According to David Descéteaux, an economist at the MEI and author of the paper, the agreement between Ontario and Quebec is “a courageous approach to the protectionist reflex that often comes to the fore in times of economic hardship.” He explains that the agreement between Ontario and Quebec aims to facilitate trade between the two provinces, promote labour mobility, strengthen economic cooperation and work towards better harmonization of legislation. Once trade barriers are removed, businesses become more productive and innovative as a result of competition and lower business costs. This international trade agreement, which will come into force on September 21, 2017, expands the opportunities for EU and Canadian suppliers to award public contracts. The rules only apply in certain circumstances, namely: the Trudeau government supports CETA and the Prime Minister has ordered his Trade Minister, Chrystia Freeland, to “implement” the agreement. If you wish to practice in Quebec one of the other occupations for which both provinces issue certificates of qualification and you have a valid certificate in Ontario, you must apply for a Quebec certificate in employment-Québec. You don`t need to go through the full application process, although you will have to pay the required fee. The author points out that, despite extensive integration, a number of irritations still stand in the way of the full economic fluidity between the two provinces. In addition, two recent OECD and IMF studies call on Canada to remove barriers to inter-provincial trade in order to improve the country`s productivity and the perception of foreign investors. Unfortunately, there are still many exceptions to the Agreement between Ontario and Quebec. Descéteaux says an agreement based on the Trade, Investment and Labour Mobility Agreement (TILMA) between British Columbia and Alberta would have been much more effective. You can use the Ontario-Quebec Agreement if: New Western Partnership Agreement (www.newwestpartnershiptrade.ca) Provincial governments say their goal is to ensure that Ontario and Quebec businesses have access to public procurement in Ontario and Quebec, at least as favourably as what was granted to European companies in the free trade agreement to be ratified with Europe. Currently, CETA could be submitted to the European Parliament for ratification in late 2016 or early 2017.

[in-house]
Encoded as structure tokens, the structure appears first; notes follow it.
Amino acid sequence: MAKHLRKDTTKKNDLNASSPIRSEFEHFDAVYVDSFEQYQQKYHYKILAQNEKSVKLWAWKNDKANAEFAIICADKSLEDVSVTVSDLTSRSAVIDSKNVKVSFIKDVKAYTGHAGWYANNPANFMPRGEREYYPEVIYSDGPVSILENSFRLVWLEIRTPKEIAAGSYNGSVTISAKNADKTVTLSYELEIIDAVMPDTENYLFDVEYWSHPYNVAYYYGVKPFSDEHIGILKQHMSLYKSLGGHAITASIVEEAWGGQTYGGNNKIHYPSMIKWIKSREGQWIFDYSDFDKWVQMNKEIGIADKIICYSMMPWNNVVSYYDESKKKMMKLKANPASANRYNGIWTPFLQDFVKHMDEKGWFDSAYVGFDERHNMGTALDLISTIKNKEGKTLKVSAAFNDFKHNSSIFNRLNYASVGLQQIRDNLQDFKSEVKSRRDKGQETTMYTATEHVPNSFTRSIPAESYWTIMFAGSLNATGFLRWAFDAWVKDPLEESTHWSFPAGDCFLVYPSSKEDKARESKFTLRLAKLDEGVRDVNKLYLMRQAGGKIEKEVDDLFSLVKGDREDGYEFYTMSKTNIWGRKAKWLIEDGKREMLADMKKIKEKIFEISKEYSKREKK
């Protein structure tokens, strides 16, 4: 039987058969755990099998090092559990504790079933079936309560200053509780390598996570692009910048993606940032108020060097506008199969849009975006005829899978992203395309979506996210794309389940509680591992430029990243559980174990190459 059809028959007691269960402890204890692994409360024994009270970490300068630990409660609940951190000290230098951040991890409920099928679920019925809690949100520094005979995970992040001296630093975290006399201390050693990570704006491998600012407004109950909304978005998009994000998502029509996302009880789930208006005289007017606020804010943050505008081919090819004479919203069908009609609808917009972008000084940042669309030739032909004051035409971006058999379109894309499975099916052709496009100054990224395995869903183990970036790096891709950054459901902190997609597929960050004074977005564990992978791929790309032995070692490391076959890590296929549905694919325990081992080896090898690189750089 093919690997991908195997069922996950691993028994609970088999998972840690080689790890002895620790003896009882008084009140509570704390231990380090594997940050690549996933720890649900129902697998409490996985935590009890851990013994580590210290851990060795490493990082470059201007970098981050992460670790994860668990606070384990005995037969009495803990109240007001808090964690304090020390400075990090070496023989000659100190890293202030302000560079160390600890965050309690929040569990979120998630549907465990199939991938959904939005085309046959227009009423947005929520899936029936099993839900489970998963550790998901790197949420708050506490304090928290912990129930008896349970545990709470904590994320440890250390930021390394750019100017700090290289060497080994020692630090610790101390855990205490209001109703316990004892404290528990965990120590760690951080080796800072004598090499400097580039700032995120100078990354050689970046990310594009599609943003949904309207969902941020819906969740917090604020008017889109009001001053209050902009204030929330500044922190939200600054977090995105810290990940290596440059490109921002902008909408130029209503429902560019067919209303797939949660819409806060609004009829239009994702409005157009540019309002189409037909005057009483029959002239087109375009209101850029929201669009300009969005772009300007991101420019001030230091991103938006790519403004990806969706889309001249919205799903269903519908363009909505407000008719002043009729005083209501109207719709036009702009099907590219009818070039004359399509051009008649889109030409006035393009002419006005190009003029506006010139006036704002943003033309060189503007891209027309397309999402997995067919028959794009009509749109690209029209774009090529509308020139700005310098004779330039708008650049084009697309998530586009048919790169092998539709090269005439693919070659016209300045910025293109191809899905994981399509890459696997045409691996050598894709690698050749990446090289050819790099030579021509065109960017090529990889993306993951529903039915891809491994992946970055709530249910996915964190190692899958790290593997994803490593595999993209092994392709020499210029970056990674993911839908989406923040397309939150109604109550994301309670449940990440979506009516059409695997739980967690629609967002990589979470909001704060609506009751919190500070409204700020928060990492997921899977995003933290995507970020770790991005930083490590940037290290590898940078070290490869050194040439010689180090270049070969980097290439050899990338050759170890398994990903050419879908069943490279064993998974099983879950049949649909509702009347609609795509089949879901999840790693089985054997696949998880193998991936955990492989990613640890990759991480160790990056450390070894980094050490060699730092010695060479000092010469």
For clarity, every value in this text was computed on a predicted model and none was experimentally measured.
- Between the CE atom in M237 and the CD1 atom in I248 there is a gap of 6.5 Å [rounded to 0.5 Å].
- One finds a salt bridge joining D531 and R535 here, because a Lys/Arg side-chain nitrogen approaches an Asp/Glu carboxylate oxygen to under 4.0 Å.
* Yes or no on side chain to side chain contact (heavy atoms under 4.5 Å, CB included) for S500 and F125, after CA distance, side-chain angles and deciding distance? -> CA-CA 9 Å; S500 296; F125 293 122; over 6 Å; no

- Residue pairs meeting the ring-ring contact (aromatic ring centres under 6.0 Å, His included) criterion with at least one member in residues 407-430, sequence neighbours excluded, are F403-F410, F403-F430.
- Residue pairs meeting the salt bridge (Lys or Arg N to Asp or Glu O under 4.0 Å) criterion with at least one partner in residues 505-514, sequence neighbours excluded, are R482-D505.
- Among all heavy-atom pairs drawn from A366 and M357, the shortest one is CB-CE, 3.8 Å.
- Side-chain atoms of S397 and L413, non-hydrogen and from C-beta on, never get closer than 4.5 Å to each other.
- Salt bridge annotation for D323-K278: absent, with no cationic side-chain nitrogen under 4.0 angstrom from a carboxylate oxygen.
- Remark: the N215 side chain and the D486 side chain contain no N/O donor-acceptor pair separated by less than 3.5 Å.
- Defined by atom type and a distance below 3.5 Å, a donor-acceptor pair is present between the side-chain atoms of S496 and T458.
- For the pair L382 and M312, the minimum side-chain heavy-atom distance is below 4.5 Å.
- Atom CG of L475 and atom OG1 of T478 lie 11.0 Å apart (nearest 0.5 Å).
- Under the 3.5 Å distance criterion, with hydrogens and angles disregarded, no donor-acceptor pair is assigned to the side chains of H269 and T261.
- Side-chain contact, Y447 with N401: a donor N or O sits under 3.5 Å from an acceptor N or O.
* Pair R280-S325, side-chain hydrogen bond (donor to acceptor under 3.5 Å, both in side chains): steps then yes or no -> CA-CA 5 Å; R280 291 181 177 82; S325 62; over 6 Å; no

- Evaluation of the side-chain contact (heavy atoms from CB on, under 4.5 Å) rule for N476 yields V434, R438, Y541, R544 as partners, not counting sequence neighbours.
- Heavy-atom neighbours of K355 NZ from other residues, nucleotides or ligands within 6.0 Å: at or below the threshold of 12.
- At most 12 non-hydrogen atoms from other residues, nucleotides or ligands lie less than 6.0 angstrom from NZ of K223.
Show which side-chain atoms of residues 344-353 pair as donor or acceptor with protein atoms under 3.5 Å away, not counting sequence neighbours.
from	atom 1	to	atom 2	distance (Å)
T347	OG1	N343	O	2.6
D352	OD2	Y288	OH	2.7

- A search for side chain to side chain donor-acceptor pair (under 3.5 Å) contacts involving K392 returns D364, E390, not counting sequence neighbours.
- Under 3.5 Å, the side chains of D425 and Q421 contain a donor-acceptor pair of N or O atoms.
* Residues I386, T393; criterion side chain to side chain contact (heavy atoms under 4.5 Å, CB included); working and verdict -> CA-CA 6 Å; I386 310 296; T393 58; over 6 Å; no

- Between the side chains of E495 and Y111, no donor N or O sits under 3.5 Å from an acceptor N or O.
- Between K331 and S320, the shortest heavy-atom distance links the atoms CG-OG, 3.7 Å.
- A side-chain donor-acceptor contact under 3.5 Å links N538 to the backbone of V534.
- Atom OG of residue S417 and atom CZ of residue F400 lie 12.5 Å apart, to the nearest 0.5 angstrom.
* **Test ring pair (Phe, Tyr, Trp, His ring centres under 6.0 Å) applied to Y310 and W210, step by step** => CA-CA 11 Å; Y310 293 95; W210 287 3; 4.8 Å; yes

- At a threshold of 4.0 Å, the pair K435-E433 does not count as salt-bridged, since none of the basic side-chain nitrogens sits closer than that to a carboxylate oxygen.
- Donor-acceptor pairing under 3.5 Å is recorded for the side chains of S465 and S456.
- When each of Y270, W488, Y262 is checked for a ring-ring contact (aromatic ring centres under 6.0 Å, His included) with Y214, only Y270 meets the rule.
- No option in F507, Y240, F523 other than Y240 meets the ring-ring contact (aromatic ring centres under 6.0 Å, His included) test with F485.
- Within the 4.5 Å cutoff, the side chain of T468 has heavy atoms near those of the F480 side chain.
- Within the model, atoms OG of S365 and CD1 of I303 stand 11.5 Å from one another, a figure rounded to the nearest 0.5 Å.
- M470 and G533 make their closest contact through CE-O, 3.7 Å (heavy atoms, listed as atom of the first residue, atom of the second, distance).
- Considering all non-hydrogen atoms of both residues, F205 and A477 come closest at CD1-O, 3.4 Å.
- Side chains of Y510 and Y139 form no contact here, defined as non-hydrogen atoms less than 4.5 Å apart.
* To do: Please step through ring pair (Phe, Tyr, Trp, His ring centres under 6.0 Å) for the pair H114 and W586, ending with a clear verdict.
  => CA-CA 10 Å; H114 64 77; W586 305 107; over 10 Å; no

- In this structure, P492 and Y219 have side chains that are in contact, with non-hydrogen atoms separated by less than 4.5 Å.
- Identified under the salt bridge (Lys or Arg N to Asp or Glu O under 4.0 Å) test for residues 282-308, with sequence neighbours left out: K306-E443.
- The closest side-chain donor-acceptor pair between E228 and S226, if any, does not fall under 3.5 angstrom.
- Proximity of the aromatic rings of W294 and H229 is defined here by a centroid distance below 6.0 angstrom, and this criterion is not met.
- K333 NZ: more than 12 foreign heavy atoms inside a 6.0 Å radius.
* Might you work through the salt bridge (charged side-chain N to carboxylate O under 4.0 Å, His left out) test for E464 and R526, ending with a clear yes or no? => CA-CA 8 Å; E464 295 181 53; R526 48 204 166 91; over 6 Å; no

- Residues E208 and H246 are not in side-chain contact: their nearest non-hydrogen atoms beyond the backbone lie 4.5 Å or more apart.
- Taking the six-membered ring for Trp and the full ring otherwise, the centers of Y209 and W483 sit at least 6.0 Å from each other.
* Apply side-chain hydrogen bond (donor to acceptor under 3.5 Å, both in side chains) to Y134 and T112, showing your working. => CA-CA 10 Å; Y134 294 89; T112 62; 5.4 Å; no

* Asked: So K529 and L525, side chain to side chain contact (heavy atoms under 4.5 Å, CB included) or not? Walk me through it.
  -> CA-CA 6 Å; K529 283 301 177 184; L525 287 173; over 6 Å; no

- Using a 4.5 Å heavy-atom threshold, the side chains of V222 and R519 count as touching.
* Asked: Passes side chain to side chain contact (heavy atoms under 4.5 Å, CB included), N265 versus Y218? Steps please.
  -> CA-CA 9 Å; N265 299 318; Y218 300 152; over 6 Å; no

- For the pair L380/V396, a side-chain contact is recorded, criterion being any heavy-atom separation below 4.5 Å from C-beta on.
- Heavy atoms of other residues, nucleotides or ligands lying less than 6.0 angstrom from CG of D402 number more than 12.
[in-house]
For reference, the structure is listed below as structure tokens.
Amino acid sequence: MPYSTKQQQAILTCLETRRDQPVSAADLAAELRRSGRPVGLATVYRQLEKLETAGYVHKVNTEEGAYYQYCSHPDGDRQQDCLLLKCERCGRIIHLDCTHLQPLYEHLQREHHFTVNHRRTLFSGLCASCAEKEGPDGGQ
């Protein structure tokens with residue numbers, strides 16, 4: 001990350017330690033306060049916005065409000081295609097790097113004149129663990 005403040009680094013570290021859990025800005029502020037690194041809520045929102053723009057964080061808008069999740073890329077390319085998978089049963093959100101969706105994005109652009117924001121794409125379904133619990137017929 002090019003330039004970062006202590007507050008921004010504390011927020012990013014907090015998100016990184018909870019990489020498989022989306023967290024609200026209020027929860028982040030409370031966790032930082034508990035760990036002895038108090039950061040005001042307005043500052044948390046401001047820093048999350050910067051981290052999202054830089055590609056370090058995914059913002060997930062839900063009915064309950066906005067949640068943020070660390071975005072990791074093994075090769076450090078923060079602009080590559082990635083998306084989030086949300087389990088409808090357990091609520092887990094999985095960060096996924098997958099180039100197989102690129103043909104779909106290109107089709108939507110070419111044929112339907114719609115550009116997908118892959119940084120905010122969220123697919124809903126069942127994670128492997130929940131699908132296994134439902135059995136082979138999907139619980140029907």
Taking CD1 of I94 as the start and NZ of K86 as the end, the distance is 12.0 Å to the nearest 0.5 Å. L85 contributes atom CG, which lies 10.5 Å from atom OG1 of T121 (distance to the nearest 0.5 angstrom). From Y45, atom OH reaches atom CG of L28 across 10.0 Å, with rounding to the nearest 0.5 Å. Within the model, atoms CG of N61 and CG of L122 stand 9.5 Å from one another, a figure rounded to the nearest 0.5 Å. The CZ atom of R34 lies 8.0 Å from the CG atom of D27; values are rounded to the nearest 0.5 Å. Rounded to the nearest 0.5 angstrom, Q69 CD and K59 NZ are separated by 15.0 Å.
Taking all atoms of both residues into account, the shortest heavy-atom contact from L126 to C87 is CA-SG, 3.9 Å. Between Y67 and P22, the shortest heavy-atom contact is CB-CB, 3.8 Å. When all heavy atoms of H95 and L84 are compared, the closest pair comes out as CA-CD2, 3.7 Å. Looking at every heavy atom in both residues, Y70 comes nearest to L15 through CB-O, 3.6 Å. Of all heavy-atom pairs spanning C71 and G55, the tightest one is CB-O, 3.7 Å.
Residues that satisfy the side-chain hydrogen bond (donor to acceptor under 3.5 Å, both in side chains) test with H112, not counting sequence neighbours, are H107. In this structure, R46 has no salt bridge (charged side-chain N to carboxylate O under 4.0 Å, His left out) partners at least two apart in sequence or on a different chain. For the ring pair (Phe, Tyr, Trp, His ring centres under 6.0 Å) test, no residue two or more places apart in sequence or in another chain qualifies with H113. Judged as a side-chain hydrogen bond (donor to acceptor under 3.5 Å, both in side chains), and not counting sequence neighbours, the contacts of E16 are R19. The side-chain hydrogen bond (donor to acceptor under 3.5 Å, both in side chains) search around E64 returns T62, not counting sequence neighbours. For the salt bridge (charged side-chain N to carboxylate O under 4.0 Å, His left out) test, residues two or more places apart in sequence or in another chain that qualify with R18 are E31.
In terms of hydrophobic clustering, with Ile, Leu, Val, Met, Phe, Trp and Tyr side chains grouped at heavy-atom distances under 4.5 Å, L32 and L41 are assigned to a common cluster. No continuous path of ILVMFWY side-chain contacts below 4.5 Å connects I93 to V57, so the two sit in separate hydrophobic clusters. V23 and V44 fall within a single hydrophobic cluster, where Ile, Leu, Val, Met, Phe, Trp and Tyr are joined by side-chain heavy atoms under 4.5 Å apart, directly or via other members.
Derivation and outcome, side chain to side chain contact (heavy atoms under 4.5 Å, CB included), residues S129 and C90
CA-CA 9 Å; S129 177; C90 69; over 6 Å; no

The Harper government and provincial governments made these commitments despite widespread opposition to the agreement, particularly from more than 85 municipalities that passed resolutions expressing concerns about the agreement or calling for them to be excluded from its provisions. In November 2013, a poll commissioned by the Council of Canadians found that 77 per cent of Canadians oppose a ban on local buys in CETA. The survey found that even among those who “strongly support” the idea of free trade with Europe, 63 per cent believe that local governments should continue to have the right to prioritize Canadian or local procurement offers. This is a bilateral trade agreement between Ontario and Quebec, in accordance with the CFTA. The OQTCA`s open tender thresholds for goods, services and construction are identical to those set out in the broader Public Procurement Directive and the Public Procurement Directive, including construction. This threshold is set at $100,000.